Are repair shops for electronic devices about to become extinct?

Dr. Yakir Hadad of TAU's School of Electrical Engineering together with researchers from the USA built an electronic device which, when a strong electronic signal passes through, becomes immune to defects

12 September 2018
Yakir Hadad

It's hard to imagine the world without electronics. Computers, smartphones, advanced commerce, medicine and transportation are all based on electronic systems and components. However, advanced electronic components and devices are prone to production defects and wear over time.  This is the main reason for breakdowns after a while. Is it possible to design electronic devices that are not susceptible to wear and failure, and never break down? This question intrigued Dr. Yakir Hadad of TAU's School of Electrical Engineering. Together with Prof. Andrea Alù and Dr. Jason Zorik of UTEXAS and Prof. Alexander Khanikaev of CUNY, he looked for a creative solution to the problem.


The connection between electrical circuits and soccer

As often happens, the idea for a solution came from a totally different direction – Materials Science. The Nobel Prize in Physics for 2016 was awarded to three British researchers for showing that properties of materials, for example electrical conductivity, can be preserved under certain conditions even when the shape of the material is significantly damaged. This wonderous capability stems from the material's specific atomic structure and is closely connected to a mathematical field called topology. Topology deals with the geometrical properties of a surface or body that are preserved even when its shape is altered, as long as the deformation is continuous (with no holes formed). Topology attributes a topological number to every object, which essentially denotes the number of holes in it. The topological number of a soccer ball, for example, is 0. A cube and a glass (without a handle) also have a topological number of 0. Thus, in topological terms, these are all equivalent objects. A bagel and a cup (with a handle), on the other hand, have a topological number of 1 because they have one hole, and are therefore not equivalent (topologically) to a glass or a soccer ball. Consequently, it appears that if a topological number can somehow be attributed to a material, some of its properties will not change in case of shrinking, stretching or bending (namely defects), as long as its topology is preserved.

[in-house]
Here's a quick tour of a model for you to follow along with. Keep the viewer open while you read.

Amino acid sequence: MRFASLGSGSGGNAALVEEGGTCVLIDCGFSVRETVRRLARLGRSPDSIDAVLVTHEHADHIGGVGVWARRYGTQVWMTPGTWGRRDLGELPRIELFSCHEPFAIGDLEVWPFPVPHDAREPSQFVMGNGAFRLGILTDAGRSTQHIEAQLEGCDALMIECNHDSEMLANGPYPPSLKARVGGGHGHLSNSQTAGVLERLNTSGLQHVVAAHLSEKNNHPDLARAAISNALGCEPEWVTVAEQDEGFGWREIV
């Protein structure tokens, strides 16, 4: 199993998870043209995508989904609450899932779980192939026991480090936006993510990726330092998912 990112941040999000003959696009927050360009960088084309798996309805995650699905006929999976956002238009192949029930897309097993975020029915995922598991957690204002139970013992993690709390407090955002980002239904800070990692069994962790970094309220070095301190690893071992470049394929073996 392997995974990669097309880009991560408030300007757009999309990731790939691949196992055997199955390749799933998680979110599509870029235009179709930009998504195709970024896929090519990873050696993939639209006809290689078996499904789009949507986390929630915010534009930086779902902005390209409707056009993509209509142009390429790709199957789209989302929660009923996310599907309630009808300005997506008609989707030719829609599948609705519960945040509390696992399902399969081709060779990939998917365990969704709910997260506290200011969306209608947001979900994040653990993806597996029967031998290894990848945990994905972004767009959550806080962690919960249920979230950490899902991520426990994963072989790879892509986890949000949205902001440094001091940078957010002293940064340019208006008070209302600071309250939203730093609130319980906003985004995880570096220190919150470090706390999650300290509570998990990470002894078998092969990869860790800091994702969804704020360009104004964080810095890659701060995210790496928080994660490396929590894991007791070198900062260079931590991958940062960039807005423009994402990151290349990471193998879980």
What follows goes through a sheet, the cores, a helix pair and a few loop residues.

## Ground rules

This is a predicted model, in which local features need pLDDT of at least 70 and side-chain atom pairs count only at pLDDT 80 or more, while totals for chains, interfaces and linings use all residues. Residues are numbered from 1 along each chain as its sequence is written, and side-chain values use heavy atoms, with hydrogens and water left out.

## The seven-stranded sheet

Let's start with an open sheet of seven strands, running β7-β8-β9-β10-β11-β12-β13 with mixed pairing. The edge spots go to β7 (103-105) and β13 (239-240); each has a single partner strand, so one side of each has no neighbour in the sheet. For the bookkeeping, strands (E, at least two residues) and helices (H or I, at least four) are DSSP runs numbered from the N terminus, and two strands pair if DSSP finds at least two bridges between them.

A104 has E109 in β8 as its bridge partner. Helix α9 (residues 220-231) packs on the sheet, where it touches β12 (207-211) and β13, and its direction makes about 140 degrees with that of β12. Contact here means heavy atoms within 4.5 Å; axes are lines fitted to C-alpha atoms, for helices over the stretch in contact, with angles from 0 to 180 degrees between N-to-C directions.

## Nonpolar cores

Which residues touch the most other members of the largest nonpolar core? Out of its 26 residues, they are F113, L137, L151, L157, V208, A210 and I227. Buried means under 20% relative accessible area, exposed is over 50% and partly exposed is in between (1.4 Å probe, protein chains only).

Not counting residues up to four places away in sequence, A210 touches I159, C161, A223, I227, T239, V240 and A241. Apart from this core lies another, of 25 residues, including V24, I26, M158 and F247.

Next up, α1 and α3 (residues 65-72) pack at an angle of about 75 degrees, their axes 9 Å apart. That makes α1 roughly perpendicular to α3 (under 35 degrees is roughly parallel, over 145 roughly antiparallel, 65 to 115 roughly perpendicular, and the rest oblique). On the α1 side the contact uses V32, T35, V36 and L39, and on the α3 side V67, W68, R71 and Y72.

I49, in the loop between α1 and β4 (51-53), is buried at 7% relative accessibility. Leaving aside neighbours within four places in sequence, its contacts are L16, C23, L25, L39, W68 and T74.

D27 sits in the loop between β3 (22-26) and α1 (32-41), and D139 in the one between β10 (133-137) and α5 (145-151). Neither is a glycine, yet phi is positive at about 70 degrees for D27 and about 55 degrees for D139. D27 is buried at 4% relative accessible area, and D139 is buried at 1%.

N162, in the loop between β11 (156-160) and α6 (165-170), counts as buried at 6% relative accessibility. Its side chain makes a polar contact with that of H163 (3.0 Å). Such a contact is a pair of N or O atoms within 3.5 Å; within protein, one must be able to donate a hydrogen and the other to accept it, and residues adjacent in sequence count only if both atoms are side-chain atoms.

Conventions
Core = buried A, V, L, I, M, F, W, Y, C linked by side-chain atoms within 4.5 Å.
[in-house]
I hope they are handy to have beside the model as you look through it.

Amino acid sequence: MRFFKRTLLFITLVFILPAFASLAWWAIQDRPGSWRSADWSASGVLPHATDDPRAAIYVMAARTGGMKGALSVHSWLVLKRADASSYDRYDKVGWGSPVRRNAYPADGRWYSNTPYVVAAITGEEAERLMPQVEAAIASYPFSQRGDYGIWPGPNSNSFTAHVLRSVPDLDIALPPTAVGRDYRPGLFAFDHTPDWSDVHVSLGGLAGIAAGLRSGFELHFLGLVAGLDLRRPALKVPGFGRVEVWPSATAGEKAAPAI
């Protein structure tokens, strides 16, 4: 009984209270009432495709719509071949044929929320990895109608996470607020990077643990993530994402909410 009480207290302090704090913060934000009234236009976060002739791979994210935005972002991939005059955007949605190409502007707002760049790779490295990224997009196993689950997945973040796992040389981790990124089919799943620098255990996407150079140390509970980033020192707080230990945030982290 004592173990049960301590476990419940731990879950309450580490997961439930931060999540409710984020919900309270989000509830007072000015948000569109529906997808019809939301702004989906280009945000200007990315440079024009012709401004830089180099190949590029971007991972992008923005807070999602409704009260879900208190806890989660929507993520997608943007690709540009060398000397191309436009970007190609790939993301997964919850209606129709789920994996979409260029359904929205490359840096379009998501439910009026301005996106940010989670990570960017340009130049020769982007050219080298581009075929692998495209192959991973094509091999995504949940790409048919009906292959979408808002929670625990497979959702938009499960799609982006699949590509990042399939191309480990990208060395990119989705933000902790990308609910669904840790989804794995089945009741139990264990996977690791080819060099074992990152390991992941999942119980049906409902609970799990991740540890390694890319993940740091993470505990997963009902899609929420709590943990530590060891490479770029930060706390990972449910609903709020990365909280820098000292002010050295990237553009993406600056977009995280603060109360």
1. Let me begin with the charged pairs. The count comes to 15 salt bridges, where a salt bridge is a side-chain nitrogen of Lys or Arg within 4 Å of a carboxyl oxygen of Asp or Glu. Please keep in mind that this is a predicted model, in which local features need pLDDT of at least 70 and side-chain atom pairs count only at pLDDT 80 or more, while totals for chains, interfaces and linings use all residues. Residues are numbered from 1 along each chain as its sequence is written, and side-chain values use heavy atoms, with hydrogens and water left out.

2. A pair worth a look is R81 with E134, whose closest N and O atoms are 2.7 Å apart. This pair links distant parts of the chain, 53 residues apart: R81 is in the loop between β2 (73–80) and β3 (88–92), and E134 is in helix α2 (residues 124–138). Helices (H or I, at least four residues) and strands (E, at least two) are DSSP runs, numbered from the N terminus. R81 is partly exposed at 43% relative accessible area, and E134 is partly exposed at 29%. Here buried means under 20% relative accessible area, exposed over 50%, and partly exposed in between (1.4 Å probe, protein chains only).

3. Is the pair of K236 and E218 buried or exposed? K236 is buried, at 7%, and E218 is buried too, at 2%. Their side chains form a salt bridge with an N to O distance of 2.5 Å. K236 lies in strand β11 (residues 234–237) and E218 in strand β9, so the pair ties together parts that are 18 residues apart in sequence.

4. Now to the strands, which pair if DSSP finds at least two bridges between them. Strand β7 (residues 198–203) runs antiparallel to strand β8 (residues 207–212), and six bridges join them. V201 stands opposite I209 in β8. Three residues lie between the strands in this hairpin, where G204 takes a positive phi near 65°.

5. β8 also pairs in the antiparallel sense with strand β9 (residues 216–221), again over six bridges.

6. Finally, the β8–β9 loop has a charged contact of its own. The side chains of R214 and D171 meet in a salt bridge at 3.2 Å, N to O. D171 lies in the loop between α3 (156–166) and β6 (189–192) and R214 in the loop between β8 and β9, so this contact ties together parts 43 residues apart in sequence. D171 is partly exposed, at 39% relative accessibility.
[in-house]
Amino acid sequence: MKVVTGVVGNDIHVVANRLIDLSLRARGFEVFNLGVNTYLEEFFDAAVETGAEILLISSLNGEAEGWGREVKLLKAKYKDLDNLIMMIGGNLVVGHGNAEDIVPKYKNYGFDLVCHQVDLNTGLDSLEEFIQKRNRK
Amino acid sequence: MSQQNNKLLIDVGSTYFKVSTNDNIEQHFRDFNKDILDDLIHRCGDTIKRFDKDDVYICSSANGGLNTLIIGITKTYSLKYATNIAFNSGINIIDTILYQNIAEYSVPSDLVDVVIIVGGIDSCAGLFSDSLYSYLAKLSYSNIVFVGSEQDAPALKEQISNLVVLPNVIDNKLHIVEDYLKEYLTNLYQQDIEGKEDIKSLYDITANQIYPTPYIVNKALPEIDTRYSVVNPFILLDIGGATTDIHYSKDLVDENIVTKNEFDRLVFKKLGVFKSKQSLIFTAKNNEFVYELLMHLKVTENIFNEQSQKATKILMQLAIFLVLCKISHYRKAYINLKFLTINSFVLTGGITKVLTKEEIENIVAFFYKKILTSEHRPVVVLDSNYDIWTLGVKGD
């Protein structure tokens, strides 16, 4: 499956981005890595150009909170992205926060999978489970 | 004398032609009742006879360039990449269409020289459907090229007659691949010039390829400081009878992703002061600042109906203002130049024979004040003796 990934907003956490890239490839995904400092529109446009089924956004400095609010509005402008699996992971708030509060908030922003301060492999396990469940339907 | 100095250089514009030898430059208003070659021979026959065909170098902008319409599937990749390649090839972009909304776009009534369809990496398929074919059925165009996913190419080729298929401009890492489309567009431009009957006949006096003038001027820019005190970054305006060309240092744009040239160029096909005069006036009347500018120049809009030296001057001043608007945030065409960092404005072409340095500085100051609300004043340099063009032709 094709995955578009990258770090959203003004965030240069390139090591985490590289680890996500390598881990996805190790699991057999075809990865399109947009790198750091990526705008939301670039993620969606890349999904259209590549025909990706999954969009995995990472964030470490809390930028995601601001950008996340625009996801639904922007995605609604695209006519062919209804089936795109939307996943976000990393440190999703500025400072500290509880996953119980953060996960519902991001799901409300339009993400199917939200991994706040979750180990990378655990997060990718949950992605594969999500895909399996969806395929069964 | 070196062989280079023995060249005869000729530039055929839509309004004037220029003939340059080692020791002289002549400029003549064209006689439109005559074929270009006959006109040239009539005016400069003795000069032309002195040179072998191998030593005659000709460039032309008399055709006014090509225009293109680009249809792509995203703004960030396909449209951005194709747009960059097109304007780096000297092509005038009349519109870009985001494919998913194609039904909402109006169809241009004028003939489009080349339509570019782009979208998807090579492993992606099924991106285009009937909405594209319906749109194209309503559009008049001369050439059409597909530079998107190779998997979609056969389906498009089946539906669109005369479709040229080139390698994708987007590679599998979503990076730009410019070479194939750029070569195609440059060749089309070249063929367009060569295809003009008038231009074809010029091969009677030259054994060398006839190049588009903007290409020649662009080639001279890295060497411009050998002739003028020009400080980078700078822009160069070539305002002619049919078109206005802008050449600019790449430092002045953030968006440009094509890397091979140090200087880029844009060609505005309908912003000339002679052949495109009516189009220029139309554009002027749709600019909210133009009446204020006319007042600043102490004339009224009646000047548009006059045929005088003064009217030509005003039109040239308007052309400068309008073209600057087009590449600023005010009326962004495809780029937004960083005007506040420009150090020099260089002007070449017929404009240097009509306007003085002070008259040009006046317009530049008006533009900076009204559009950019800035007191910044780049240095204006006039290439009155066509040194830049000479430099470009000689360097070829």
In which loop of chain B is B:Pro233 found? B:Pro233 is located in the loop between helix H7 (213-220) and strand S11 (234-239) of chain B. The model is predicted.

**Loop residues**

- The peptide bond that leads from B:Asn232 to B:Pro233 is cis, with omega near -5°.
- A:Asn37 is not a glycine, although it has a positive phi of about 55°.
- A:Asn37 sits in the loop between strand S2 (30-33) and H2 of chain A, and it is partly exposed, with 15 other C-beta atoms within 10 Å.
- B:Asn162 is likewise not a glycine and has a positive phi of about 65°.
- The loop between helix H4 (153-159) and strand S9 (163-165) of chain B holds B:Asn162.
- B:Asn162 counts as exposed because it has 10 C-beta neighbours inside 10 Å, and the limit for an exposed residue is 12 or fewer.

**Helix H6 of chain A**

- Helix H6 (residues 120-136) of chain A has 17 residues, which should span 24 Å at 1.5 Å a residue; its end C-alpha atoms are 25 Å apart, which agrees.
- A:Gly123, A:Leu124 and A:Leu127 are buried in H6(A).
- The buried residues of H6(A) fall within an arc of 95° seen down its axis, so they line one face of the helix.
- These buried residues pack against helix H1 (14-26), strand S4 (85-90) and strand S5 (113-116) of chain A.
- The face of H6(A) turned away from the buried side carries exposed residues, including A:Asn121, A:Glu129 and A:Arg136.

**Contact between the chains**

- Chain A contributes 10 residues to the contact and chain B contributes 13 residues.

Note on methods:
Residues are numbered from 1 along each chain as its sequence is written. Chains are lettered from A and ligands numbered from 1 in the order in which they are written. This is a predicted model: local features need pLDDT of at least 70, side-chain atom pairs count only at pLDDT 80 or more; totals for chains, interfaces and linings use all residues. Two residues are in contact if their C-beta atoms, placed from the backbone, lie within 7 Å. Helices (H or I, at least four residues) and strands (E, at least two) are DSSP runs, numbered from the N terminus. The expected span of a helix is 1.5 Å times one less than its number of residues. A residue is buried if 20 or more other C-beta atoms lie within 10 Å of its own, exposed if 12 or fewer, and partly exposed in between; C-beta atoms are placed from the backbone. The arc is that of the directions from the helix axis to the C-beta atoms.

New design for dependable electronic devices

This complex idea has been applied in recent years in various areas – optics, magnetism and more, to design and produce special devices that are immune to structural flaws. In the study published in March 2018 in Nature Electronics, Dr. Hadad and his colleagues demonstrated that a similar effect can be achieved in electrical circuits. Moreover, the immunity to defects can be induced by the electrical current itself as it runs through the circuit, by using the nonlinear properties of the circuit's components (the components' properties change in correlation with the current's intensity). Based on this idea, the researchers designed and built an electronic device which, when a sufficiently powerful current runs through it, become essentially indifferent to defects. The researchers also demonstrated the operation of the device, showing that even when substantial defects were intentionally introduced into the structure, they had no effect on the circuit's proper functioning. The study's results open a window onto a new approach to designing more dependable, defect-resistant electronic devices, while demonstrating that combining ideas from different worlds and disciplines can lead to creative solutions for real-world problems.

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